“The role of the teacher is to create the conditions for invention rather than provide ready-made knowledge”
Project-Based Learning and Constructionism in STEM
Our approach to education takes a constructionist view. We believe that people, regardless of age, learn best when they are actively engaged in projects that spark their curiosities.
Projects allow for interdisciplinary learning in an applied way. Designing and building a drone, a hydroponic garden, or a musical instrument, all involve understanding physical and theoretical concepts, some technical skills, and human skills. Our focus is therefore on project-based learning, where students use software and hardware tools to create virtual and physical objects.
This multi-sensory experience creates more engagement, reinforces connections, and amplifies learning. Students are tasked with solving problems rather than using rote memory and regurgitating facts. Teachers also become coaches and mentors rather than gatekeepers of knowledge. Often, these projects reveal interesting and new aspects for teachers to learn as well, creating an overall collaborative learning environment in every classroom.
Through shaping project contexts, we can also guide learning outcomes towards developing technical and human skills, as well as knowledge about different subjects, industries, and careers.
Although technology forms part of the fabric of everything we do, we believe that learning is a personal, intimate, and, inherently, a social endeavour – with people at the heart of it. We learn best when we ask questions and share our understanding with others.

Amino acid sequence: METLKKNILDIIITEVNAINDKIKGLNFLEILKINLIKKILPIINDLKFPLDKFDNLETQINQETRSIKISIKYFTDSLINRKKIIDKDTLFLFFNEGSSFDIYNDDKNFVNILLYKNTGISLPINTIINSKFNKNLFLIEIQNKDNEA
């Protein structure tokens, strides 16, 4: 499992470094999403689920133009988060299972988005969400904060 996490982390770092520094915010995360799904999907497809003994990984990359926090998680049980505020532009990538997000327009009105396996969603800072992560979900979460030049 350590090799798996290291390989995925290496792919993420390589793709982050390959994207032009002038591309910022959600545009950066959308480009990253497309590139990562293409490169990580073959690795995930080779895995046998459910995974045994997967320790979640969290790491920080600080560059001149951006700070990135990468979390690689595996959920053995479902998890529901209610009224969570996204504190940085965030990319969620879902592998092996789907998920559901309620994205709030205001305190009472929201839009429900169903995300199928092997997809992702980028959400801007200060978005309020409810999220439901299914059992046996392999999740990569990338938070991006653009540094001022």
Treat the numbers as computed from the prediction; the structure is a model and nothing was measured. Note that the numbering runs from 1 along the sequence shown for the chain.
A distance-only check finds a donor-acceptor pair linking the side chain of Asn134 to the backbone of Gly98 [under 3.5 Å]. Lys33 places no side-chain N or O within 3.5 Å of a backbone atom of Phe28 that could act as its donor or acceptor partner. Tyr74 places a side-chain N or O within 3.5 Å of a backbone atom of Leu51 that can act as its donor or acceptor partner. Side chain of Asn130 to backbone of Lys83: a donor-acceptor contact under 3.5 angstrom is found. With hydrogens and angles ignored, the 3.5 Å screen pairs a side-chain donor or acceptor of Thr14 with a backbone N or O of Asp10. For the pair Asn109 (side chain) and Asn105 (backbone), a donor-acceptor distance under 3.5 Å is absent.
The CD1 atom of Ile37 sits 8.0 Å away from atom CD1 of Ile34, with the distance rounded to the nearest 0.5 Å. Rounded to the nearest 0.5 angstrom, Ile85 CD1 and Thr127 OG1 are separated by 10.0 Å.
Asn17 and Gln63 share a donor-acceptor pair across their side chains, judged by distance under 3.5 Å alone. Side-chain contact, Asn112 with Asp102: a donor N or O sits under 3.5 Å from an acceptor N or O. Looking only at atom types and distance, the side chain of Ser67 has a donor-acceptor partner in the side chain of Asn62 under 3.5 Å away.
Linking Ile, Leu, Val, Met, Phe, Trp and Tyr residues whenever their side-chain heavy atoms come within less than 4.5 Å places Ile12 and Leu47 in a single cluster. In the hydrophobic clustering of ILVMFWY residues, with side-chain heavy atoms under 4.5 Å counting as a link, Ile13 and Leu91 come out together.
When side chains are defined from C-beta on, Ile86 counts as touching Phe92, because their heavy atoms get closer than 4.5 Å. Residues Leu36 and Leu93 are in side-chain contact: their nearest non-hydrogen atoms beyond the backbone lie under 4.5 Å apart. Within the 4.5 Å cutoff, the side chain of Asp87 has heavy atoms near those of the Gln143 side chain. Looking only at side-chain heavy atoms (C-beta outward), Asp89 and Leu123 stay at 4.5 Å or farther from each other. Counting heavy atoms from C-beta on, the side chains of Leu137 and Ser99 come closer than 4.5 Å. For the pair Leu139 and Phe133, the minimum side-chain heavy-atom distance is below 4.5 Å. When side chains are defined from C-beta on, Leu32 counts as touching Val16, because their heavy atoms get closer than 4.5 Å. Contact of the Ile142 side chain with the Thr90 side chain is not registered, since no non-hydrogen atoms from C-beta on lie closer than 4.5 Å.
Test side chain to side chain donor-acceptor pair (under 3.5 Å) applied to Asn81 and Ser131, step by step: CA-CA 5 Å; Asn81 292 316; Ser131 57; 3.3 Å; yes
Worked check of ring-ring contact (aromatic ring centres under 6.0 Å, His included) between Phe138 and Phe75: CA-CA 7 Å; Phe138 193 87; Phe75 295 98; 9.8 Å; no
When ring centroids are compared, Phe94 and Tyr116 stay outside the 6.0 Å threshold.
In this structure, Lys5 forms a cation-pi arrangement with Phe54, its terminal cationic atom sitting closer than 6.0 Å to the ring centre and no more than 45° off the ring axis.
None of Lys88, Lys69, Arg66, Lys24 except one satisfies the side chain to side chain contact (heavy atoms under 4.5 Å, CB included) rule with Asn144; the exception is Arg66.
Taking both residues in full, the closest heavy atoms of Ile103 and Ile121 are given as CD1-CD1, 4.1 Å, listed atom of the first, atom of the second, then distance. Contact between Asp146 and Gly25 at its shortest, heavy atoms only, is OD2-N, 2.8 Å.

Our Learning Framework forms the basis of everything we do. We call it FICS Education and it consists of four stages: Follow → Investigate → Create → Share. This means that once a project brief is set, students gain access to step by step instructions, which they Follow to build a basic version of the project and learn basic skills. In the next stage, students are prompted to Investigate, asking questions and changing parameters to build familiarity and confidence around the topics. The next step is where most of the learning occurs. In the Create section, the project brief changes and students are tasked with creating fundamental modifications or completely new projects altogether. Finally, students Share their work and learning through various means, including presentations, pitches, and even creating instructions for other students to follow and take on their projects even further.
“The principle goal of education should be creating men and women who are capable of doing new things, not simply repeating what other generations have done”